We weren’t looking for any of the hard ones. We were beginners. I’d read enough about it to know that you just have to look around for things that seem a bit out of place, but which you normally wouldn’t notice. Say, a pile of rocks that your eye would flow right over unless you were thinking “Hey, are those rocks really in a natural pile or are they perhaps /stacked/ like that?”

We’d been looking for the first one we tried for about twenty minutes when I began to think we weren’t going to find it. In fact, I was growing a tad bit apprehensive when in the woods the cache was in we discovered what could only be the remains of a hobo camp. I told the boys not to touch any of the junk scattered around and directed our search back in the other direction. It turned out that Gideon spotted it.

“Could it have a red lid,” he asked as he went right to the small Tupperware bowl containing a damp logbook and some small, well-weathered trinkets. It was stashed under just the kind of inconspicuous pile of rocks I mentioned above. We felt great on our first discovery! It may seem cheesy to someone who doesn’t get it, but it was quite a rush to find this dirty old bowl with junk and wet notebook paper in it after a twenty minute search. We high-fived each other as we walked back to the van.

How do you think we celebrated our first find? There’s probably only one /right/ way to celebrate your first geochache find… Go look for another!

We didn’t find the second one. But we did find the second, third and fourth ones we looked for. ;) As new geocachers, the tendency is to think of some kind of watertight container on the ground carefully disguised, but not outright unseeably hidden. However, there are many different kinds of caches. The first one we found fit the stereotypical norm. The second two also fit a stereotypical norm, even though they were also eye openers to the boys. You may or may not be aware that many lamp posts have ‘skirts’ at the bottom of them. Cylindrical enclosures that protect and improve the appearance of the mounting bolts that hold them to the ground. These skirts slide up to provide access to the post’s mounting bolts. They also frequently slide up to provide access to micro geocaches like plastic eggs or film cannisters. In fact, this kind is known as an LPC- Lamp Post Cache. To some the term LPC is derogatory thinking that an LPC is an uncreative run-of-the-mill. That is, just another bleah cache with nothing special about it. While I can see this point of view, having found two LPCs in a row within half an hour, they were still fun for us and the first one was pretty cool to figure out the secret.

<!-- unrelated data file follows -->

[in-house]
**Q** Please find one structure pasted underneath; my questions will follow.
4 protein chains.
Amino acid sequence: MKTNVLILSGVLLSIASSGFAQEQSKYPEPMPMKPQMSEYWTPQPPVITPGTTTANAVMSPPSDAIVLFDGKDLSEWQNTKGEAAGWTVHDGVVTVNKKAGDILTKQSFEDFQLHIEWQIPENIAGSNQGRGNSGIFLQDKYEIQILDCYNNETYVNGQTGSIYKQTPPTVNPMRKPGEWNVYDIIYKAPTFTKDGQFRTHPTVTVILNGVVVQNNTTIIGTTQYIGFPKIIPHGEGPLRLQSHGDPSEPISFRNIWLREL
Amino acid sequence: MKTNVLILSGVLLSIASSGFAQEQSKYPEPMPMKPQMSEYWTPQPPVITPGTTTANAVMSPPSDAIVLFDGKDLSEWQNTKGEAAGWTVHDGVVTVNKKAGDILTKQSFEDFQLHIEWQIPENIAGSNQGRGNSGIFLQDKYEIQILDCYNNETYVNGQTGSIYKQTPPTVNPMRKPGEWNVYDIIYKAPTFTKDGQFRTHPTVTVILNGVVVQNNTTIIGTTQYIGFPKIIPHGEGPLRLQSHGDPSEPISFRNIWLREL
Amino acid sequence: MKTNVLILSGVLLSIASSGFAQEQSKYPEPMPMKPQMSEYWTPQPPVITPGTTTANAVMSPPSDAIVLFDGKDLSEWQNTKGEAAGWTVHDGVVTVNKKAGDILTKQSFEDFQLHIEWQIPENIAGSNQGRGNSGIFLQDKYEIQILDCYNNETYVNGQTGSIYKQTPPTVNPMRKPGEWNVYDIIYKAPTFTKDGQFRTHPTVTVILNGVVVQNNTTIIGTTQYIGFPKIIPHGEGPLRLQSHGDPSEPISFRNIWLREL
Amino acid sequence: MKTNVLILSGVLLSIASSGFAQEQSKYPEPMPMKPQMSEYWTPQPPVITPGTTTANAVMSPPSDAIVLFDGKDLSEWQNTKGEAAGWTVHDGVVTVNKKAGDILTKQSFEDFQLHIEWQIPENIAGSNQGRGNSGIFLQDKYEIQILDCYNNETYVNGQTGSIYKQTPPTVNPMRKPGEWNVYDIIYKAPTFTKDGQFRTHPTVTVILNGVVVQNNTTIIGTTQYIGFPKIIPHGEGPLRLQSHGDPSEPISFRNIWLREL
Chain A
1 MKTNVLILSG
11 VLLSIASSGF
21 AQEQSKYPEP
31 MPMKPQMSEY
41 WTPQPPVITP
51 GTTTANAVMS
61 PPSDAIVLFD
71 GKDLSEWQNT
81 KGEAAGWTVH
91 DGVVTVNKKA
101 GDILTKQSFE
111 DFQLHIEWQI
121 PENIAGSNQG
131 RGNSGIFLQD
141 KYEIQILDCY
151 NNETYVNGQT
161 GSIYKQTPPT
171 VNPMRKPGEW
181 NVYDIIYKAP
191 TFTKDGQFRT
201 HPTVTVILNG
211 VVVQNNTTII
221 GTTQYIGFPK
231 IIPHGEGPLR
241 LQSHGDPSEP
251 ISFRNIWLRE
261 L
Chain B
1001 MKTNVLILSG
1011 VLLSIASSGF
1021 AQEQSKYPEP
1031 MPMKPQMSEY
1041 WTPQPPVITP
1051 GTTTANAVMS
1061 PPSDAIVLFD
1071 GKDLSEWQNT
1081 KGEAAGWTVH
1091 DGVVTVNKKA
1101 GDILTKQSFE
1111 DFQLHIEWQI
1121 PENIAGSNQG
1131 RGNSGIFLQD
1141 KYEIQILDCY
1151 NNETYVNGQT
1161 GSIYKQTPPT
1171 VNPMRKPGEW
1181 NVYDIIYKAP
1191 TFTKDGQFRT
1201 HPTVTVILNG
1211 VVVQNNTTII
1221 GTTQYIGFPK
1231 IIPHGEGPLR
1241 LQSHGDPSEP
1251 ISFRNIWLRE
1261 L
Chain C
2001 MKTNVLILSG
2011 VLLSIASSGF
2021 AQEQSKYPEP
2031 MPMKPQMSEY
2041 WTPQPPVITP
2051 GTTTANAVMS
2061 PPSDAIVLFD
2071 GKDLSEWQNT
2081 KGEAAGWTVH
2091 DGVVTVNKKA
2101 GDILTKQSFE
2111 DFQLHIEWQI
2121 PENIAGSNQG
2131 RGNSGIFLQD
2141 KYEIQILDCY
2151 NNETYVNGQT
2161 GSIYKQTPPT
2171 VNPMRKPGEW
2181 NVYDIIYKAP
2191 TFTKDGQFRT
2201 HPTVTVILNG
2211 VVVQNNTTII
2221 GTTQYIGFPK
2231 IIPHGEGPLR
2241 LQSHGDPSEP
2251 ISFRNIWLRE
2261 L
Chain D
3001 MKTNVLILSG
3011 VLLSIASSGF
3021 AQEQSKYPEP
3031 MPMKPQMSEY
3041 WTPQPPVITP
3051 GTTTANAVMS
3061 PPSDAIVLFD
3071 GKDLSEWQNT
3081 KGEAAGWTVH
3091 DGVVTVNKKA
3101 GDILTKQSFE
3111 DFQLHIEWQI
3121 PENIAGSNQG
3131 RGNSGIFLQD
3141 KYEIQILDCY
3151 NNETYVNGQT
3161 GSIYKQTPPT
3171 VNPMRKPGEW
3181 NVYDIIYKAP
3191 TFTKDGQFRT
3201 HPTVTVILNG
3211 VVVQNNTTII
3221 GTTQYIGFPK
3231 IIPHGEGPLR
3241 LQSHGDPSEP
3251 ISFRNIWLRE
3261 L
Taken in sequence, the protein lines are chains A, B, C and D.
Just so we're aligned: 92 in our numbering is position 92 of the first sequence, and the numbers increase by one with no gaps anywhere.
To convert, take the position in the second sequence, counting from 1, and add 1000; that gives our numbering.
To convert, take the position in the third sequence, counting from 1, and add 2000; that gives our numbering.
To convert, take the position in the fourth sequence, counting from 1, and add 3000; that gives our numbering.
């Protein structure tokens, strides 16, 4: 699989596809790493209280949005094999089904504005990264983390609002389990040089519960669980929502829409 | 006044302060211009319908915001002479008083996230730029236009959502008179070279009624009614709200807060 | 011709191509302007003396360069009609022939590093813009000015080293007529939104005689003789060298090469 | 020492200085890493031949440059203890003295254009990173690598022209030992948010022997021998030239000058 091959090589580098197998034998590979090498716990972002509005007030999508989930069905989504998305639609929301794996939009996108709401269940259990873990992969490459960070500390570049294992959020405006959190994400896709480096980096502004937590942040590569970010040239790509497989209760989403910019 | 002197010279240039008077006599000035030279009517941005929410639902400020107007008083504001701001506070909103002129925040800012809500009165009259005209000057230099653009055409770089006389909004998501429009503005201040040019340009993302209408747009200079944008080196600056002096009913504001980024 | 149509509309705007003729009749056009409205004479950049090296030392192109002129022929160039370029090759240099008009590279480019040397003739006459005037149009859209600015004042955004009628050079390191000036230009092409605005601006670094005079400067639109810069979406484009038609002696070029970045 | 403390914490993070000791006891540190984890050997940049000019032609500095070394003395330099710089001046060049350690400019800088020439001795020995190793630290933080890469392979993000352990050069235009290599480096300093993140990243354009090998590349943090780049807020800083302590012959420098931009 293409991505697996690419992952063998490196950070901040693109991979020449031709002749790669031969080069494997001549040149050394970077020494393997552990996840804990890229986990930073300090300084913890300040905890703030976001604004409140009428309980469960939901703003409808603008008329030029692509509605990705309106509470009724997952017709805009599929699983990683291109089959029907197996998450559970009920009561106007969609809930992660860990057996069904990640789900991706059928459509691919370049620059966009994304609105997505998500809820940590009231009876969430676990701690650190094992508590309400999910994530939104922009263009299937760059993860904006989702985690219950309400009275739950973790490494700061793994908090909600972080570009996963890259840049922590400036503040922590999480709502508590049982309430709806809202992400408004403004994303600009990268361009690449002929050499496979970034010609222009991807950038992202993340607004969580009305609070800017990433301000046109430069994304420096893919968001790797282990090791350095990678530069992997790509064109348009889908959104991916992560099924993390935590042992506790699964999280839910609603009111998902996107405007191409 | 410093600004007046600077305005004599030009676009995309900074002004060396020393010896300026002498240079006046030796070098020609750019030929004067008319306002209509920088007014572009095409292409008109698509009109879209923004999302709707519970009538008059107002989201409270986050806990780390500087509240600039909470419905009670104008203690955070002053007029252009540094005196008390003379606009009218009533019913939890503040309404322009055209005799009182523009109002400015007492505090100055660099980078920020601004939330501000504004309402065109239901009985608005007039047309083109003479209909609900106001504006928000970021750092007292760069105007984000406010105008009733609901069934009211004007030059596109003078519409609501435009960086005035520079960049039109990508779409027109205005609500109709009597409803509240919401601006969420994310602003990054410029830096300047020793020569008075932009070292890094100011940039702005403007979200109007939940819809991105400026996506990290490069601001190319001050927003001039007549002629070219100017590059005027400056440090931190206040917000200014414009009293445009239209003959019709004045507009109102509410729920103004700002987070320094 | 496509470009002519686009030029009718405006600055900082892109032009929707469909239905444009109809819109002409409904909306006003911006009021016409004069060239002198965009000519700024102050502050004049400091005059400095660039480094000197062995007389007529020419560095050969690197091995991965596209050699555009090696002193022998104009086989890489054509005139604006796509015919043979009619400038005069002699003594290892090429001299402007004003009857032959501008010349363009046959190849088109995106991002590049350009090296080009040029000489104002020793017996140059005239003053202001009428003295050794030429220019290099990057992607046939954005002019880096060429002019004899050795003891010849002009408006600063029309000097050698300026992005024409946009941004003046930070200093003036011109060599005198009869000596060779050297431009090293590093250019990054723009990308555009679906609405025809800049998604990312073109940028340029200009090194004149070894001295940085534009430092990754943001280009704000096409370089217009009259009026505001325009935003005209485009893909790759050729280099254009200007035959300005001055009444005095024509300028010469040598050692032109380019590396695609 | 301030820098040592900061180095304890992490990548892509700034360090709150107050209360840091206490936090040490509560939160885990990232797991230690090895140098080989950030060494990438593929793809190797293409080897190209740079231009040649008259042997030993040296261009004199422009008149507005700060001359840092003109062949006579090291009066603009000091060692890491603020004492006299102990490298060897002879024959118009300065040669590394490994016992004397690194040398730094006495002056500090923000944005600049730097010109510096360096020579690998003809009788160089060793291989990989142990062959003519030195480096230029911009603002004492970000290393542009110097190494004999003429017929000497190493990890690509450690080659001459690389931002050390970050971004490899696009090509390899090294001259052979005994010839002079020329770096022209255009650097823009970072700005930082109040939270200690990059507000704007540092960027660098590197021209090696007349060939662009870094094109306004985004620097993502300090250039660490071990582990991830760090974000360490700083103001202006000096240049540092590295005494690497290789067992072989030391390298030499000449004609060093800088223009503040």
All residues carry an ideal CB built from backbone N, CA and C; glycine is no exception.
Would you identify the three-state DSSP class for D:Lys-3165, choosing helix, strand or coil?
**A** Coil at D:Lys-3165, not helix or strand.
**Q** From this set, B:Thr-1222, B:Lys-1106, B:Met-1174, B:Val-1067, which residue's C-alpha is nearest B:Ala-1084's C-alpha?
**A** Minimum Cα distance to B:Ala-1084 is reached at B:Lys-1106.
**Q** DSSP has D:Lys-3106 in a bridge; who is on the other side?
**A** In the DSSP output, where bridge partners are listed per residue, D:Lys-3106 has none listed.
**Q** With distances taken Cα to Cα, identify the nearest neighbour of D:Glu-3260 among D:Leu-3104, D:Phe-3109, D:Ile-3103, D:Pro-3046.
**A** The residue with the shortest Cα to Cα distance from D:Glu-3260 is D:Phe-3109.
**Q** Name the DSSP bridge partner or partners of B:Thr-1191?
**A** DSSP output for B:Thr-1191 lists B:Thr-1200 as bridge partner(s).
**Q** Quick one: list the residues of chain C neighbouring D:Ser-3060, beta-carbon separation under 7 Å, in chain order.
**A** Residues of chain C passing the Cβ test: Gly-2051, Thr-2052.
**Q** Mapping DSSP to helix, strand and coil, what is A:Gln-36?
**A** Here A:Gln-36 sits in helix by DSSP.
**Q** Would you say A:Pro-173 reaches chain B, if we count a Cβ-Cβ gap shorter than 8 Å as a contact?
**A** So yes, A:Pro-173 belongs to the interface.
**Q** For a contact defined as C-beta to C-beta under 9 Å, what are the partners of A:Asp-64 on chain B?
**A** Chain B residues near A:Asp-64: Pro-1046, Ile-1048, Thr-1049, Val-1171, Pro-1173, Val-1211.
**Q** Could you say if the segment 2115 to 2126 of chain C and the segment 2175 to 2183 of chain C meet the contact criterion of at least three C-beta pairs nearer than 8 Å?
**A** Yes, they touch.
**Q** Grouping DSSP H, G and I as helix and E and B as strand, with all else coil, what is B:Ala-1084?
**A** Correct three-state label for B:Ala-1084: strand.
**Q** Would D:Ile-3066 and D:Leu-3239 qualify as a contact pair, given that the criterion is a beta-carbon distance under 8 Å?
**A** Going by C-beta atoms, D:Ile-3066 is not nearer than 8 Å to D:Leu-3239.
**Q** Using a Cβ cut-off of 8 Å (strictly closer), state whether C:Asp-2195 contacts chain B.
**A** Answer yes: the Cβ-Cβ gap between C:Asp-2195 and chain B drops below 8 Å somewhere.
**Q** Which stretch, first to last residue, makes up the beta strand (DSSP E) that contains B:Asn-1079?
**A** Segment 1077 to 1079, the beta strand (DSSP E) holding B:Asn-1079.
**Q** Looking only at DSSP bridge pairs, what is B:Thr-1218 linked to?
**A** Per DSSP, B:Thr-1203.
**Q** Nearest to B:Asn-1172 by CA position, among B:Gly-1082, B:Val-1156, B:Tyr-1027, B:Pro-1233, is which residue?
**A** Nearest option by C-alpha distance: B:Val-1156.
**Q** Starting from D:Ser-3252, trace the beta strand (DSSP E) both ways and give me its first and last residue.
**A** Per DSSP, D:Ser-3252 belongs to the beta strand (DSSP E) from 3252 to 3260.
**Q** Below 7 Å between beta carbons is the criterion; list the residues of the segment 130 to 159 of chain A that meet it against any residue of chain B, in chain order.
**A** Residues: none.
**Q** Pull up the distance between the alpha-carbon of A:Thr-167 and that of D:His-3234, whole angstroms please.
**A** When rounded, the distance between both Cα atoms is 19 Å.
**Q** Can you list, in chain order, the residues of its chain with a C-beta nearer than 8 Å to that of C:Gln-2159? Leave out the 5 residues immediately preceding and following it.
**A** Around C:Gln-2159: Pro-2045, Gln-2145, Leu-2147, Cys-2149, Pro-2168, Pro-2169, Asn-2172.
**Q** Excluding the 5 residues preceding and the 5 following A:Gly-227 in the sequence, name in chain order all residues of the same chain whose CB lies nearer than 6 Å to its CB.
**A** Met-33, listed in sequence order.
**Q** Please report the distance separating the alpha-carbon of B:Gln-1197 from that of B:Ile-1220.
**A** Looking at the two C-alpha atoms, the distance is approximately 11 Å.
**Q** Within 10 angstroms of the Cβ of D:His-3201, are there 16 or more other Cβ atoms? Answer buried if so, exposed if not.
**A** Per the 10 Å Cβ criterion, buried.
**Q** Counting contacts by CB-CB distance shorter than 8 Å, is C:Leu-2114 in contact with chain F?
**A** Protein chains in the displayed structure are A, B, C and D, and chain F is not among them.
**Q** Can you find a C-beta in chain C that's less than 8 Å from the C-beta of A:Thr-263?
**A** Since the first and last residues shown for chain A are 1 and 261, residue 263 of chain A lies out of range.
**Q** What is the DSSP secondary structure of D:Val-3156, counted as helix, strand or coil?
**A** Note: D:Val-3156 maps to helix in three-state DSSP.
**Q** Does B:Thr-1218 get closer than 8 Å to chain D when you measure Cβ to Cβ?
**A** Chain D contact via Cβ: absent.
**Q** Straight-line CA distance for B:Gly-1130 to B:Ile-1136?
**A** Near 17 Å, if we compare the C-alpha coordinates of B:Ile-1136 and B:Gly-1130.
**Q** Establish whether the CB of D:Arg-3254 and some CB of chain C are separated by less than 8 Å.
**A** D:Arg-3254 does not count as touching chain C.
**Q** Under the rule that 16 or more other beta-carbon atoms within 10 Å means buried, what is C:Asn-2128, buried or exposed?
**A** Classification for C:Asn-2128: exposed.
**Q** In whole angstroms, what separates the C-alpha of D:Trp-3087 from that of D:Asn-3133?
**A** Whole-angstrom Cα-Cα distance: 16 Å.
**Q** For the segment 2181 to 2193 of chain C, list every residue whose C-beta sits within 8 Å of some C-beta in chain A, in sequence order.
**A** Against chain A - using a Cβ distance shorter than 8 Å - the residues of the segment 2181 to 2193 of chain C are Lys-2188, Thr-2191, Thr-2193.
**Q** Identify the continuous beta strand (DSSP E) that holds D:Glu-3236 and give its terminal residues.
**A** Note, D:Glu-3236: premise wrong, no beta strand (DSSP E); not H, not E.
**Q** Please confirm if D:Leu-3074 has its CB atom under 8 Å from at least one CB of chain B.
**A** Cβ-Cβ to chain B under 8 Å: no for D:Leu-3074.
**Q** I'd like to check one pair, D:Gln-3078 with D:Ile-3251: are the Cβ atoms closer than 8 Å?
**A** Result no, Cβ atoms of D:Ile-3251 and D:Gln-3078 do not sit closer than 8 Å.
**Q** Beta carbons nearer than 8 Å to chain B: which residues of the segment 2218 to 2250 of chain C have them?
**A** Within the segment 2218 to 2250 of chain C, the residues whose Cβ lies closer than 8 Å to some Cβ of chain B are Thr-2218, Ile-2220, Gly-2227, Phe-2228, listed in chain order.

The fourth one was especially cool to the boys. I’d read about such things, so when I spotted it I knew exactly what was going on, but it was an eye opener to them. Like I said above, it’s easy to fall into the rut of looking for a Tupperware container in the leave, but there are many kinds of caches. The fourth one we found was magnetic. It was a small black cylindrical container like a campsite waterproof match container with a magnet firmly affixed to the screw-on top. It was hanging from the top rail of a chain link fence where it ran behind a tree. It was veritably invisible unless you were looking in the right place with the right kind of eye.

I found it while the boys were looking in the wrong direction. I mentioned that I had found it over in the area where I was and called Gideon over to look in the direction I vaguely indicated. When he finally spotted it and pulled it off, he thought it was very cool. He’d not had any idea there could be such a thing and it was a blast to find it.

We didn’t find the sixth one we went after that day. It was getting dark and colder and we were getting hungry. We vowed to return on a later date when we had more time. We’d had a great first real geocaching adventure. We’d all had fun working together and had gotten along perfectly for the past 2 hours. I knew the boys were hooked when Isaiah asked if I thought we’d have time to find any the following Sunday afternoon. And you know what? We found two more the next day!

I think we’re going to be spending a lot of time geocaching. In fact, we’ve got some cool ideas for some of our own geocaches…

So, special time with Elsie and special time with the boys– it was a pretty good weekend.